TAG: GS 3: SCIENCE AND TECHNOLOGY
THE CONTEXT: Astronomers have identified the object AzTECC71 as a dusty star-forming galaxy, which has reappeared as a faint yet distinct galaxy in an image from the James Webb Space Telescope (JWST).
- This ghostly object was first detected as a glowing blob from ground-based telescopes, then vanished in images from the Hubble Space Telescope, and has now reappeared in the JWST image.
- The galaxy is shrouded in a dusty veil, making it hard to see through, and is located nearly 1 billion years after the Big Bang.
Significance of the Discovery:
- The reemergence of this ghostlike galaxy is significant as it sheds light on the presence of heavily dust-obscured, hidden populations of galaxies in the early universe.
- The discovery challenges the previous notion that such galaxies were extremely rare in the early universe.
- The findings suggest that these galaxies might be three to 10 times as common as expected, indicating that the early universe was much dustier than previously thought.
The COSMOS-Web Project:
- The COSMOS-Web collaboration, co-led by an associate professor at UT Austin, aims to map up to 1 million galaxies from a part of the sky the size of three full moons.
- The project received 250 hours of observing time in JWST’s first year and has been studying the earliest structures of the universe.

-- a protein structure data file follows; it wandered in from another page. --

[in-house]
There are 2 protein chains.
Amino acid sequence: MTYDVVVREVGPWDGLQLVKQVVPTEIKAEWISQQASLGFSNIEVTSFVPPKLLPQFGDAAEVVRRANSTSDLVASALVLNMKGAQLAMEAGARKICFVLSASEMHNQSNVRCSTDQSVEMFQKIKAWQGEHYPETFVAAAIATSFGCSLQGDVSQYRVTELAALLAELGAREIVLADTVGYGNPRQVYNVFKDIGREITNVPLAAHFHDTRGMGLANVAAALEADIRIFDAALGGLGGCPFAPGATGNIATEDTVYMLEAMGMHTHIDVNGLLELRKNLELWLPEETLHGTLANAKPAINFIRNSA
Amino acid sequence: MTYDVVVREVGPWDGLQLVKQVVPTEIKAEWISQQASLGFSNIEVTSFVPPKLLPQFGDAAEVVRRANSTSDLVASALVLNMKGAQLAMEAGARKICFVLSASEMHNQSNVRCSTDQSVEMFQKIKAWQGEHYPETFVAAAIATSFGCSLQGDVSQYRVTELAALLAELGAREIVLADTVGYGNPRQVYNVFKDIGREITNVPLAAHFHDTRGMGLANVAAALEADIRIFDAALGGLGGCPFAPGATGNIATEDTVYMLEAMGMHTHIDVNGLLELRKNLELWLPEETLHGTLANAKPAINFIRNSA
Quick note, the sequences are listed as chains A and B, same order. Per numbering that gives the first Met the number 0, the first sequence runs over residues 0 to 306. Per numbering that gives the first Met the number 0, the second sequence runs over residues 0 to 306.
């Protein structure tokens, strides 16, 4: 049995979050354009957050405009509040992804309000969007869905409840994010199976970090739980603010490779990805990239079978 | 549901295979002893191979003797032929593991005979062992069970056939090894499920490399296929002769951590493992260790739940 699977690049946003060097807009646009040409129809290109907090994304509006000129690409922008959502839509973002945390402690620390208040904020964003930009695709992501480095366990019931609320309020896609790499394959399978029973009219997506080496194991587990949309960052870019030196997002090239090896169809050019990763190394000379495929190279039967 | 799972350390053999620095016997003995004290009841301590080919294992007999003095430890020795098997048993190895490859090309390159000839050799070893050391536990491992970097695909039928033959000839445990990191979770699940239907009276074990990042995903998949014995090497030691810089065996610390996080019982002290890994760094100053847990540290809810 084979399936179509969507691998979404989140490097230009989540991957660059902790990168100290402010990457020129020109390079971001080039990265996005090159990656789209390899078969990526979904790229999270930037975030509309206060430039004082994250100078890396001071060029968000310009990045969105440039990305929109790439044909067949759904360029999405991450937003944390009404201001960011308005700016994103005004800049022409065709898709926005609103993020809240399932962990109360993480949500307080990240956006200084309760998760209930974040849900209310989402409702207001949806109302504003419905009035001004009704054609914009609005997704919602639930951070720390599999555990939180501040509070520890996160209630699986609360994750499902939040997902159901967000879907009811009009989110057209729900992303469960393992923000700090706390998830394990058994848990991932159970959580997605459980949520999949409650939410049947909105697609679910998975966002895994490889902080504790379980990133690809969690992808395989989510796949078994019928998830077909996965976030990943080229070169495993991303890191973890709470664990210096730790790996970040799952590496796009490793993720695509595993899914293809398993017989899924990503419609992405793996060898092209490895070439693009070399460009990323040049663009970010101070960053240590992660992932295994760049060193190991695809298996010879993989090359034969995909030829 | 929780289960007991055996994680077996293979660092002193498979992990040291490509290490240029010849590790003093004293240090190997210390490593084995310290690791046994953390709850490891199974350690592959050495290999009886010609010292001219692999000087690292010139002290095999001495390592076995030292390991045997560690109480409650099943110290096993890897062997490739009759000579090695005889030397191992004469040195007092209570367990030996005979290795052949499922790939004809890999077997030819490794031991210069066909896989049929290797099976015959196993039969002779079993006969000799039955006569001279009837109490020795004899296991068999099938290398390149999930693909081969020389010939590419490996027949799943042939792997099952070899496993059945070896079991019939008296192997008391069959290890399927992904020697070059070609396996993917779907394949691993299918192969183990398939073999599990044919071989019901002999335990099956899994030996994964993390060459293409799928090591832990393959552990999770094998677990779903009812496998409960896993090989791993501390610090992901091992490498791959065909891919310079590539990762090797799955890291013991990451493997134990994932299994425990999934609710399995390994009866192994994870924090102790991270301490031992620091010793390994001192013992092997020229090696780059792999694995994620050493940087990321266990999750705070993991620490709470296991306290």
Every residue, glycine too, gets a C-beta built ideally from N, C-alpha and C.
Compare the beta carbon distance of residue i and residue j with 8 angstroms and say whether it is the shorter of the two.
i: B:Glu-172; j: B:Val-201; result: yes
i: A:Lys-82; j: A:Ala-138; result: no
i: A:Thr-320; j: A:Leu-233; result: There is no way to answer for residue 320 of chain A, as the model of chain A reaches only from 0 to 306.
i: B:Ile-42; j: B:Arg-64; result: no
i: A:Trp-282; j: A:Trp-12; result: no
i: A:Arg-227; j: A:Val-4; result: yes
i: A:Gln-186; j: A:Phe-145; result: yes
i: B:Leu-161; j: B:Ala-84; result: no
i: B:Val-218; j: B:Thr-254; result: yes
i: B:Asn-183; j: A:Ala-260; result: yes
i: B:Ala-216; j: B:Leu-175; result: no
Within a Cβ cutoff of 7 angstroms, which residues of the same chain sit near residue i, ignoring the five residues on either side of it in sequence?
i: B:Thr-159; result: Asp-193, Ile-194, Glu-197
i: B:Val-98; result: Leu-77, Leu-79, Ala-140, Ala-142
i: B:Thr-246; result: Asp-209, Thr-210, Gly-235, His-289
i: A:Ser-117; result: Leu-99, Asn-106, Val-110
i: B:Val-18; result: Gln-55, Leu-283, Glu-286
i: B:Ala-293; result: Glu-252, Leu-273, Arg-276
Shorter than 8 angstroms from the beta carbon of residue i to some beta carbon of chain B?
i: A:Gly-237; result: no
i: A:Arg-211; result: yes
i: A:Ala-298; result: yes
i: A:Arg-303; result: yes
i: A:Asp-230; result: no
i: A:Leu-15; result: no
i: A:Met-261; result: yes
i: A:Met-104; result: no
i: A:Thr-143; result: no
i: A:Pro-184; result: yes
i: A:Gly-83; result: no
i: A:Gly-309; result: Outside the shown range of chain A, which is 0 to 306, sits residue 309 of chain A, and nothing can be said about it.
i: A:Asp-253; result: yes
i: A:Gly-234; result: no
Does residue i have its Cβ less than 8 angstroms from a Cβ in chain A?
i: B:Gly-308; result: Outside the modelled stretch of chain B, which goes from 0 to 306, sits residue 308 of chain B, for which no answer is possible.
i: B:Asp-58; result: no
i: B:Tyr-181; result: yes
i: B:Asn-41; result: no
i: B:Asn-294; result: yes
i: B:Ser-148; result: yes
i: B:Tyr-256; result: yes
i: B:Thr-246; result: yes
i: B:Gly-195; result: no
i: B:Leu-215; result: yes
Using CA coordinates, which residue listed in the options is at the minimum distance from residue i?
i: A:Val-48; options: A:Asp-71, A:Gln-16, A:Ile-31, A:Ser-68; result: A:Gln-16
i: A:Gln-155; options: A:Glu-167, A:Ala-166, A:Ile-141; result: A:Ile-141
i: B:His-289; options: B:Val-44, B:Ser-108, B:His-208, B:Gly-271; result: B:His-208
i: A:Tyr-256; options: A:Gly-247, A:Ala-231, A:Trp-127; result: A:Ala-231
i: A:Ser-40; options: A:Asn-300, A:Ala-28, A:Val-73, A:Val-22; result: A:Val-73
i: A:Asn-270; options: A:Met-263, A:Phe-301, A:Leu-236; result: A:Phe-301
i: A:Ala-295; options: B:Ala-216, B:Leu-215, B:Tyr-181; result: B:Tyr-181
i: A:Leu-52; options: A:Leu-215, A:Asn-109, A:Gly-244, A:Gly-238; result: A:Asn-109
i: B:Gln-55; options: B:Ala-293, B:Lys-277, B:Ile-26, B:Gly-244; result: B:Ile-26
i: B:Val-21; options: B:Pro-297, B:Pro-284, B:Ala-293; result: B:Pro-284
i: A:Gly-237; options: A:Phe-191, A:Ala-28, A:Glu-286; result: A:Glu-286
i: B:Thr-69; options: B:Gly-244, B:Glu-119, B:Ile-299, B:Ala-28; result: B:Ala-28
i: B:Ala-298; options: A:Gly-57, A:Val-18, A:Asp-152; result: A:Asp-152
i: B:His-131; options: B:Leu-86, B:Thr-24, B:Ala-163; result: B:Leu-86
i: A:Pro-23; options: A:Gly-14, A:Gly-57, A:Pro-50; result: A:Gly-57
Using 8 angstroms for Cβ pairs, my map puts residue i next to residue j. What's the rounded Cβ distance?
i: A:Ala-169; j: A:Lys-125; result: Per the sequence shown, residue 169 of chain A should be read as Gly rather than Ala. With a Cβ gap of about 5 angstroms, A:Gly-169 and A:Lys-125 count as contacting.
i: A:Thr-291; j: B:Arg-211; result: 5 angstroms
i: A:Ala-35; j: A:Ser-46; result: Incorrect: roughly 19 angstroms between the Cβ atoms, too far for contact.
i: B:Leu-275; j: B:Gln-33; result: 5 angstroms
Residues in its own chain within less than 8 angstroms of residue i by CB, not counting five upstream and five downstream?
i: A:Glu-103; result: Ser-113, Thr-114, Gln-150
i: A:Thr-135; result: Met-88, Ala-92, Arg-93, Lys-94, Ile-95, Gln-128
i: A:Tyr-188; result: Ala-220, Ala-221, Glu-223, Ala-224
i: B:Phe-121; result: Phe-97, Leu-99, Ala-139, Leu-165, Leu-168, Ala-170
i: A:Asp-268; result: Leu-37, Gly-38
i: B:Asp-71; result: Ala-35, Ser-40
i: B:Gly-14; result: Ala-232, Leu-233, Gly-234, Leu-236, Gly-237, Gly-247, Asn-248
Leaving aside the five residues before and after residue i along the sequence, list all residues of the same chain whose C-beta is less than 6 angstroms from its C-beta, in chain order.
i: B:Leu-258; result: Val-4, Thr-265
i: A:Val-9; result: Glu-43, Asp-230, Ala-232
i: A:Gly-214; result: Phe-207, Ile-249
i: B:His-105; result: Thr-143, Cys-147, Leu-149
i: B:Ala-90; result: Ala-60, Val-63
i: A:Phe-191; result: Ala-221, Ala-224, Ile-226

- The team has identified more than a dozen additional candidates in the first half of COSMOS-Web data that have yet to be described in the scientific literature.
Characteristics of Dusty Star-Forming Galaxies
- Dusty star-forming galaxies are hard to see in optical light because much of the light from their stars is absorbed by a veil of dust and then re-emitted at redder wavelengths.
- Before JWST, astronomers sometimes referred to them as “Hubble-dark galaxies,” in reference to the previously most-sensitive space telescope.
- The JWST’s sensitivity allows it to study the optical and infrared properties of these heavily dust-obscured galaxies, providing new insights into their nature and evolution.
Observations and Findings
- The galaxy AzTECC71 was first detected as an indistinct blob of dust emission by a camera on the James Clerk Maxwell Telescope in Hawaii.
- The COSMOS-Web team later spotted the object in data collected by another team using the ALMA telescope in Chile, which has higher spatial resolution and can see in the infrared.
- When they looked in the JWST data in the infrared at a wavelength of 4.44 microns, they found a faint galaxy in exactly the same place.
- In shorter wavelengths of light, below 2.7 microns, it was invisible.
- The team estimates that the galaxy is being viewed at a redshift of about 6, which translates to about 900 million years after the Big Bang.
- The reemergence of the ghostlike dusty galaxy AzTECC71 in the JWST image provides valuable insights into the prevalence of heavily dust-obscured galaxies in the early universe.
- The discovery has the potential to reshape our understanding of the early universe and the history of galaxy evolution.